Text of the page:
I live in Vietnam so if I want to advertise it to people from Western countries, I need to run it in the hours that I sleep as well, which are the afternoon - evening in your places.

Thank you in advance for that, and if you have any problems with Glide or Google sheet formulas/scripts I’m more than willing to help.

Awesome! I crawl a lot of websites too :stuck_out_tongue:
It’s an easy way of getting data, for sure!

I’ll make the tutorial here on this post soon, so other users can see it too, ok?

You’ll be the first one to know :smiley:


Incredible tutorial Gabriel!

Just, tell me, what is or are the advantage of using python instead of Google scripts & api? More things to do / more use cases?

I am going to test few things with python. I haven’t write any python line for years :grinning:

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Of course Gabriel, it would absolutely solve me a headache and I can apply more Python to my solutions for clients in the future!

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Thank you @Christophe_HK!

Python is much more powerful than Google Scripts because it has a huge number of packages that solves so many problems. If you google “How to _____ in Python”, you’ll see that in most cases, it already have a package that fulfills your requirements.

And if you go deeper and deeper, you’ll face machine learning, crawling, more options on scheduling, integrations with literally anything and much more.

Because Python is a complete and powerful programming language, it offers truly infinite possibilities.

And apart of that, I find Google Scripts a little difficult and with limited functionalities :frowning:


Python’s power, with its super community, can enable a lot of things to be done when combining with what we have here. I use Google Scripts a lot as well, but when a Python alternative is viable for integration I will definitely want to do it over Scripts.


Crystal clear :+1:t2::clap:t2:

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One further reason for me to opt for Python rather than Scripts is because I feel StackOverflow gives better answers for Python lol.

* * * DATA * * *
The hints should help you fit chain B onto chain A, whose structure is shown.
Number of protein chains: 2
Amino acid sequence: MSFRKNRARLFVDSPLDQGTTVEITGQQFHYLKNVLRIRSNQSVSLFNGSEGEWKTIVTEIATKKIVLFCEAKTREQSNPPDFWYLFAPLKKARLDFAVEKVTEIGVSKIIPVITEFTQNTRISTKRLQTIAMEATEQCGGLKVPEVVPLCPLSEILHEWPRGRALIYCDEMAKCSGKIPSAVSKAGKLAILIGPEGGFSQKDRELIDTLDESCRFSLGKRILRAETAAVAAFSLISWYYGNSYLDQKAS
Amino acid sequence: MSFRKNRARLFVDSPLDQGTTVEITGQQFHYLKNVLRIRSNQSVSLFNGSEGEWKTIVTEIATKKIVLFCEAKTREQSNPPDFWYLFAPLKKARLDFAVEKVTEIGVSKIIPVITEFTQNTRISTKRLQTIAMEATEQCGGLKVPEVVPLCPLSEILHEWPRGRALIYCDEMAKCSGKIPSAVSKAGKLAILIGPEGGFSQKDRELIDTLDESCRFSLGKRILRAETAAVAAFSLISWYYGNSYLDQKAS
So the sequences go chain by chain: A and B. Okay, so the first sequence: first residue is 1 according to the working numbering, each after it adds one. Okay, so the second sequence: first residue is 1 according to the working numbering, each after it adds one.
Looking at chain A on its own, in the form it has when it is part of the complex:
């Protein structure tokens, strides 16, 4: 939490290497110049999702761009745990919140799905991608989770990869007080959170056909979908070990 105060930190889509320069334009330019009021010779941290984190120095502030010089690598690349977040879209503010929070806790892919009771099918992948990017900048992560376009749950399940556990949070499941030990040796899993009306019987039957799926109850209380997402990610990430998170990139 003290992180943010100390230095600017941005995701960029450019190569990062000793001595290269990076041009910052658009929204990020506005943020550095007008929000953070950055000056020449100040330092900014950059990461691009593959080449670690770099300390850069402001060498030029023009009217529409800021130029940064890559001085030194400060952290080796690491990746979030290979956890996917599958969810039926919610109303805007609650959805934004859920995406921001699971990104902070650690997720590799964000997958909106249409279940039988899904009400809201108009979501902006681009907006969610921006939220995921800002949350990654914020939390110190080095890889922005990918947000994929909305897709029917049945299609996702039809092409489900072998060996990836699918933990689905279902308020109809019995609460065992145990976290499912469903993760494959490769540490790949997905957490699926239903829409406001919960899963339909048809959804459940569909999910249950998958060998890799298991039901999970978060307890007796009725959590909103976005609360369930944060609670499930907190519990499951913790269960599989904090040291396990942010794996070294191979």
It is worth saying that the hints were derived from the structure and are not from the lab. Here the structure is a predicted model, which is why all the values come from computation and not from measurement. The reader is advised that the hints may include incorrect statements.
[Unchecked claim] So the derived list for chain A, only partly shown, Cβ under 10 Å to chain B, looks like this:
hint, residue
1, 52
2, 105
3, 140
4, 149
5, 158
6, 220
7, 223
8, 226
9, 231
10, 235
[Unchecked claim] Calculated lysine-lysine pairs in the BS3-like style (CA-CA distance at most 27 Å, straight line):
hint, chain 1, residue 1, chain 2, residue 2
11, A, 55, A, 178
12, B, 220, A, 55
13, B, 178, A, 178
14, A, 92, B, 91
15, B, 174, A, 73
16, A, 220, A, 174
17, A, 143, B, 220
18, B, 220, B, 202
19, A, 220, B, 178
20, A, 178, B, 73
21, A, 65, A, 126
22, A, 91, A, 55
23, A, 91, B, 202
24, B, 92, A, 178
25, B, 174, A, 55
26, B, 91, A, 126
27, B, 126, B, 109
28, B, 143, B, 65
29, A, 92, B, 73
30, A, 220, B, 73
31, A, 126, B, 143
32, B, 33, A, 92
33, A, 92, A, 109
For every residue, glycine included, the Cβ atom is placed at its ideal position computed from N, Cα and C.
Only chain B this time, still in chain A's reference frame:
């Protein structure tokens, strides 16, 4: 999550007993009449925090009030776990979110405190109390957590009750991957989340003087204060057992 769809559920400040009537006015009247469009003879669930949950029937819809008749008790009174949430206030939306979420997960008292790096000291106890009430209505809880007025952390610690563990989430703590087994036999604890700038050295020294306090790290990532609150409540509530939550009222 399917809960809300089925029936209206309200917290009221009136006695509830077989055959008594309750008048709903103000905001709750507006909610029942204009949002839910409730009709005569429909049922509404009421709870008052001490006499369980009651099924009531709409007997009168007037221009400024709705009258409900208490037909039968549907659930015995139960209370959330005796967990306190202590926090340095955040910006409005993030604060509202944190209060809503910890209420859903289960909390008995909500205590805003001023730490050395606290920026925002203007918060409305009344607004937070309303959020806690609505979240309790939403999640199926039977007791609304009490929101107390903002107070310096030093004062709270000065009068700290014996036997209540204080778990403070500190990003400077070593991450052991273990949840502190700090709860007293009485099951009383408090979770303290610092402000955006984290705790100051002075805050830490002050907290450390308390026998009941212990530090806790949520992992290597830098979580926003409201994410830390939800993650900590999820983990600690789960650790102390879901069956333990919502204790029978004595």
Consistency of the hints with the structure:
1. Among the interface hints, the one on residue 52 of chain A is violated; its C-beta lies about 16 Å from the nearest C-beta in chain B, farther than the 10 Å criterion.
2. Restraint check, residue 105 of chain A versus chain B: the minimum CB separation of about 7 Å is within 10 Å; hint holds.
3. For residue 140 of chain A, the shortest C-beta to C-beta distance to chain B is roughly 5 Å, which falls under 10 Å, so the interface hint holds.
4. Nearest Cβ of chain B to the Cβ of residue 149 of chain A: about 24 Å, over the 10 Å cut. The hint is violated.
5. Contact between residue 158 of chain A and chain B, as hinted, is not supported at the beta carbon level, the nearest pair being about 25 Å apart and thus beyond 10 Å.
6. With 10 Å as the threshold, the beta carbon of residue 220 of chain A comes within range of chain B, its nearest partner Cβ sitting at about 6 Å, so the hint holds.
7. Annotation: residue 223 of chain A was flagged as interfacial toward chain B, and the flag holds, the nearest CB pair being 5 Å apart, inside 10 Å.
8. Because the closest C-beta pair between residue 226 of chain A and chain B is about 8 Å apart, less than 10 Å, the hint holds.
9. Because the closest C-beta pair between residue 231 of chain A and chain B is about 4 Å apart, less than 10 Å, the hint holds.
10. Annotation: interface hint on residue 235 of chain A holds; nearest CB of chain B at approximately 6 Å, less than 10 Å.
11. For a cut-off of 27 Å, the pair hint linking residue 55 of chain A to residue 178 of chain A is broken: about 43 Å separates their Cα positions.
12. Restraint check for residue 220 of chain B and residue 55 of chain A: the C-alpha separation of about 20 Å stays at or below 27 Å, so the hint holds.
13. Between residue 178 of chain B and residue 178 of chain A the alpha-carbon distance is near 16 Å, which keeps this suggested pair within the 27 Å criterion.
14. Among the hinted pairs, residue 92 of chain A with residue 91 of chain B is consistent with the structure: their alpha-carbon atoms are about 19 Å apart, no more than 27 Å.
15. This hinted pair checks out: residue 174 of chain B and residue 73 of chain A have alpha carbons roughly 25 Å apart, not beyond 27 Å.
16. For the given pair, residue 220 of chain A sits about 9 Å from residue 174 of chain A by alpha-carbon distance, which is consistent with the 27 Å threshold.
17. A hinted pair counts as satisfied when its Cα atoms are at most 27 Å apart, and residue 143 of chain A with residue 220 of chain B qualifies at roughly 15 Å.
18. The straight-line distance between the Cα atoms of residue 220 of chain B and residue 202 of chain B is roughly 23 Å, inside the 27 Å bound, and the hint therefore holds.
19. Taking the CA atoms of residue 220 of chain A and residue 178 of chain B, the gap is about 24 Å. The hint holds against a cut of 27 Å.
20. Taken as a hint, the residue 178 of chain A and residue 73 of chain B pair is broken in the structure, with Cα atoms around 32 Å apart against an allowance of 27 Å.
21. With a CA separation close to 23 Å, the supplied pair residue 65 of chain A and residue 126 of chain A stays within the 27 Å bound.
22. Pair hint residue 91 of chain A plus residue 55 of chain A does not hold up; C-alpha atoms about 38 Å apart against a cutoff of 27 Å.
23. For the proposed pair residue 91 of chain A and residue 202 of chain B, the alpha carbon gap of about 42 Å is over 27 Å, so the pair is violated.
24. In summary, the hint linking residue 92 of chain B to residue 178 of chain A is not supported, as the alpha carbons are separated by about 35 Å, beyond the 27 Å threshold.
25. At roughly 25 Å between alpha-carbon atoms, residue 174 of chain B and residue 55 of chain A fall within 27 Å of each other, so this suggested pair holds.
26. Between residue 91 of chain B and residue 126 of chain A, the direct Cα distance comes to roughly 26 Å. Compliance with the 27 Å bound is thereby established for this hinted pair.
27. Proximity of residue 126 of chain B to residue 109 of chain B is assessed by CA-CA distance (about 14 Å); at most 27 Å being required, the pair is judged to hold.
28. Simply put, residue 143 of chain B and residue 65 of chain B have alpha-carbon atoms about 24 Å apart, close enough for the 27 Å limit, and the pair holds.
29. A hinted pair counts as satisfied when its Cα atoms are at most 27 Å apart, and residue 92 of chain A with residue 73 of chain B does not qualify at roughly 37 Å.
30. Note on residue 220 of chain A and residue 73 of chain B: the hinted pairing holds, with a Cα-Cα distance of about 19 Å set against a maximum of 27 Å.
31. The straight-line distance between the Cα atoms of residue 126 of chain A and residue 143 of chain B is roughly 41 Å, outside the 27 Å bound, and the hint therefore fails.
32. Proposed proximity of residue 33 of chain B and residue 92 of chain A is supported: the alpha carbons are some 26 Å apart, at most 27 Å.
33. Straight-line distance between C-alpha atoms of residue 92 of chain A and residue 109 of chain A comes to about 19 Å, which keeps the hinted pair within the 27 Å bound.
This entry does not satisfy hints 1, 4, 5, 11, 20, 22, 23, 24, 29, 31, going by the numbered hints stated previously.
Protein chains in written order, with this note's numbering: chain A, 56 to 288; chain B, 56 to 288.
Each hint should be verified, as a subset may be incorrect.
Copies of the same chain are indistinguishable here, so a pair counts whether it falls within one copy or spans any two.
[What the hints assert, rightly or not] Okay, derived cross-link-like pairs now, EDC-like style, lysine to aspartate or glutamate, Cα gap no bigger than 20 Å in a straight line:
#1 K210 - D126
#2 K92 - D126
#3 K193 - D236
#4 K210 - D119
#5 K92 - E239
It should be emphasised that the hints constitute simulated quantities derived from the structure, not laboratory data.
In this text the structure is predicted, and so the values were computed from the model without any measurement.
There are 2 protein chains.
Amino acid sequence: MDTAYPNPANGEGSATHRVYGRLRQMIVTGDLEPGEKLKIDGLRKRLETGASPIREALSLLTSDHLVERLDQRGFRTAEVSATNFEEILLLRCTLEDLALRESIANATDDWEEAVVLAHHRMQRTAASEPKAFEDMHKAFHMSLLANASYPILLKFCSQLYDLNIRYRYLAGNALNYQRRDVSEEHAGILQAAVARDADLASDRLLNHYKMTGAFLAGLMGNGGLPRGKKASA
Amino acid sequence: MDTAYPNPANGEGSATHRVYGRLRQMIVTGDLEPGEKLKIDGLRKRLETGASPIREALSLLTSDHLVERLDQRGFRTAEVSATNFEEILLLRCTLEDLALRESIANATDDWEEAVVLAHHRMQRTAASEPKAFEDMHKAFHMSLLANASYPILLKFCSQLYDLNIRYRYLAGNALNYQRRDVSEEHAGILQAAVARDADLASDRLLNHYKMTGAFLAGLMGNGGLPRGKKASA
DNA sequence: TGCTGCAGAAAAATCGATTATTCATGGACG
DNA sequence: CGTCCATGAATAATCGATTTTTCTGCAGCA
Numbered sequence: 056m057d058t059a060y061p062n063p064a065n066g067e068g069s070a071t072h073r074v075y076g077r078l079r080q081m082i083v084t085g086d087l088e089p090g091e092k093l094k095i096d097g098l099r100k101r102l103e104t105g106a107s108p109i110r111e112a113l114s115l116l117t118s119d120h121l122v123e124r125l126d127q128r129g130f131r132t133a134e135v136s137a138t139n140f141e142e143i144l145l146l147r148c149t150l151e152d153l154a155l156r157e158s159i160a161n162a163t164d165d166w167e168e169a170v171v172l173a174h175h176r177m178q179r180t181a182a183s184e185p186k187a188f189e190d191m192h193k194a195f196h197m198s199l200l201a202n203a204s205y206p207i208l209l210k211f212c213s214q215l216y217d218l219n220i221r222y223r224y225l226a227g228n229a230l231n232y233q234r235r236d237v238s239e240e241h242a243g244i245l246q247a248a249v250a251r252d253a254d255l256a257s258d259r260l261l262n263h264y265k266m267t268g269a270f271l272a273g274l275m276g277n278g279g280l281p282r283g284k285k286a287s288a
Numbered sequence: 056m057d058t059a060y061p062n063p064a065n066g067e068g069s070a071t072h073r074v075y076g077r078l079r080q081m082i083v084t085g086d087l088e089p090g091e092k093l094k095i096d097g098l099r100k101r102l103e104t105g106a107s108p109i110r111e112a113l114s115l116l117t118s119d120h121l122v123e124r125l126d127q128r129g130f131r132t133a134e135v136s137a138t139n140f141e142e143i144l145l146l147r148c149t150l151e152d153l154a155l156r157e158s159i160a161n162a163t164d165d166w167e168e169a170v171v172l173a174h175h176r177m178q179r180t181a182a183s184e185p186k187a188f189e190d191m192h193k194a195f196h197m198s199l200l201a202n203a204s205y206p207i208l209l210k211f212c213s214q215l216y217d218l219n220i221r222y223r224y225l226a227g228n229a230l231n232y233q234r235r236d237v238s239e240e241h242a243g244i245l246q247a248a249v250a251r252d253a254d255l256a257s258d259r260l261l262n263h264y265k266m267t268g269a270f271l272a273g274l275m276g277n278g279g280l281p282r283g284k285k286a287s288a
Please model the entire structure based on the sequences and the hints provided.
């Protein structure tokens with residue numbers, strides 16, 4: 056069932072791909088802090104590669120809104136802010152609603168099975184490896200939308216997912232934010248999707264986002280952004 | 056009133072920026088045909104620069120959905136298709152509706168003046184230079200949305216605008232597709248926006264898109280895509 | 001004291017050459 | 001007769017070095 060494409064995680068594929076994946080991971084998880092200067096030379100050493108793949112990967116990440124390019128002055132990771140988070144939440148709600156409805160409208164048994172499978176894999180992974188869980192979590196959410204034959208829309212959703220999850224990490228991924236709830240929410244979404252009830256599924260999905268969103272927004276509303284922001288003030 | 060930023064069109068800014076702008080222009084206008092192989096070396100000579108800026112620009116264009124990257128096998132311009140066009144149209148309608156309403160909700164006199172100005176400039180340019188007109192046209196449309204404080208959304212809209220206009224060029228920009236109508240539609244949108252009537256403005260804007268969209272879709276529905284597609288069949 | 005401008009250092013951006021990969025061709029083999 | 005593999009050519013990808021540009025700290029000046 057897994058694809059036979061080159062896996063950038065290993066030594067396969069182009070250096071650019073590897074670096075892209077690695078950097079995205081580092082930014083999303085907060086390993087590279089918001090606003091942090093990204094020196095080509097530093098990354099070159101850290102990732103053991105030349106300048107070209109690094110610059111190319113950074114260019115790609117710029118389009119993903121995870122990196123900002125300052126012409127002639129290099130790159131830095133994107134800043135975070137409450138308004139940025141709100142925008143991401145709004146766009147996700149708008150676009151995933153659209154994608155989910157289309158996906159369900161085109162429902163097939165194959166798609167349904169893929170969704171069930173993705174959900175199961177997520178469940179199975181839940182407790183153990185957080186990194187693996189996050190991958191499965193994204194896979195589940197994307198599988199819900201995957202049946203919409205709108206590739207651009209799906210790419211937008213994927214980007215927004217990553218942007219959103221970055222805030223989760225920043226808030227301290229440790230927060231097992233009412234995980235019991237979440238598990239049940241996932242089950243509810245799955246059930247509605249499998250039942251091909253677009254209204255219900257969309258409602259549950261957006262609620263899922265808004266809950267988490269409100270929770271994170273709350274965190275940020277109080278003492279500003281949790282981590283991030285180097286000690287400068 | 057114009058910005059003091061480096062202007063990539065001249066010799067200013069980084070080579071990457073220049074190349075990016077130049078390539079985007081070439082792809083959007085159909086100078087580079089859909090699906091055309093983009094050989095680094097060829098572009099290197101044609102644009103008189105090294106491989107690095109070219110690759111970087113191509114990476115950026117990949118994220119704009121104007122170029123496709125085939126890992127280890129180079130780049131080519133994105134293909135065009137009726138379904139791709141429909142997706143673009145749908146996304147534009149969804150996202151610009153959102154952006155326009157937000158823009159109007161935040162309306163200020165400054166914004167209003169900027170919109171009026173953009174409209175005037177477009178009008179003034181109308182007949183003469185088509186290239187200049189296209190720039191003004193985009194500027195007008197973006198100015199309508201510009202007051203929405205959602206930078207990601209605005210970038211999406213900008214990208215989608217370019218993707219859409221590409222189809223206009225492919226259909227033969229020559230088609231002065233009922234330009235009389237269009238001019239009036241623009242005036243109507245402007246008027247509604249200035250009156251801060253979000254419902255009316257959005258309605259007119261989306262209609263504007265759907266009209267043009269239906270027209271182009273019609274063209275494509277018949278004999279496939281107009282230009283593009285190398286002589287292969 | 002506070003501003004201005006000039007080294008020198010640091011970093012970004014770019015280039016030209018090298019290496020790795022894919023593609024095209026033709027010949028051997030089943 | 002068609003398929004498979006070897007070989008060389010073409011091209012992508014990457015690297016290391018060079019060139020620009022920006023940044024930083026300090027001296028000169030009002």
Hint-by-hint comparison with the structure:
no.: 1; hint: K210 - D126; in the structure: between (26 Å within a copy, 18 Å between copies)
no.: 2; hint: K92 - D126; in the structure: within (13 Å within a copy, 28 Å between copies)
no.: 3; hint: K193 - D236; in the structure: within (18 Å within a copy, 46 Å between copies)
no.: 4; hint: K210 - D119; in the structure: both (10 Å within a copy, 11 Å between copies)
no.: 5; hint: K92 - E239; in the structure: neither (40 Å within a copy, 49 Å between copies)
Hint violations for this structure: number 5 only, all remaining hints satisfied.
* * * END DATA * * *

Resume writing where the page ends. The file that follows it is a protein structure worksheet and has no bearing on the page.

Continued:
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Thank you very much.

@Gabriel_Sobral thx for sharing. Very inspirational :grinning:

Have you any experience in using services responding in json and using this in google sheets?

Thanks @Krivo!

Sure, Python has the “requests” library, that makes calling APIs and WebServices easy.
Take a look on it’s documentation here.

You can handle retrieved data the way you want it!

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@Gabriel_Sobral I have written a few utilities using Python but so far have been able to do what I need to do for my custom Glide apps in Google Script. Using GS I can set up triggers to run these scrapping routines periodically. I also have used Python to write a few Alexa apps using Python running on AWS servers and/or using Amazon S3. I hadn’t thought of using AWS to run python code that includes the ability to update Sheets data. That would be interesting if I couldn’t figure out a way to do it in Google Script, or there was a killer library in Python that I could use for the functionality I needed.

Anyway bottom line is that I would be interested in seeing your tutorial and an example of some python code you are running on AWS servers that also updates data in a Google Sheet.


@George_B first of all, sorry for the delay, those days have been such a hurry!

Sure! As @ThinhDinh is interested too, I’ll make a tutorial and edit this post with it.

I’ll go through configuring an instance and using Linux crontab to schedule a automated Python script execution.

Hold tight!

I plan to post it by Friday!


No worries Gabriel, can’t wait to see it! I would love to integrate AWS/Google Cloud into my flow so that it runs when I’m asleep!

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Is it possible to send WhatsApp notifications for free from glide using python.

Actually no.

That’s because any WhatsApp API is paid as WhatsApp itself charges this service.

But the notification sending script itself can be coded and hosted for free in AWS and GCP.

I have a Python script that performs an integration with Twilio, and sends WhatsApp notifications through my WhatsApp business account. That script itself is free, but Twilio is not.

Be careful with solutions that offers free WhatsApp notifications API! it’s probably a scam, as it violates WhatsApp guidelines.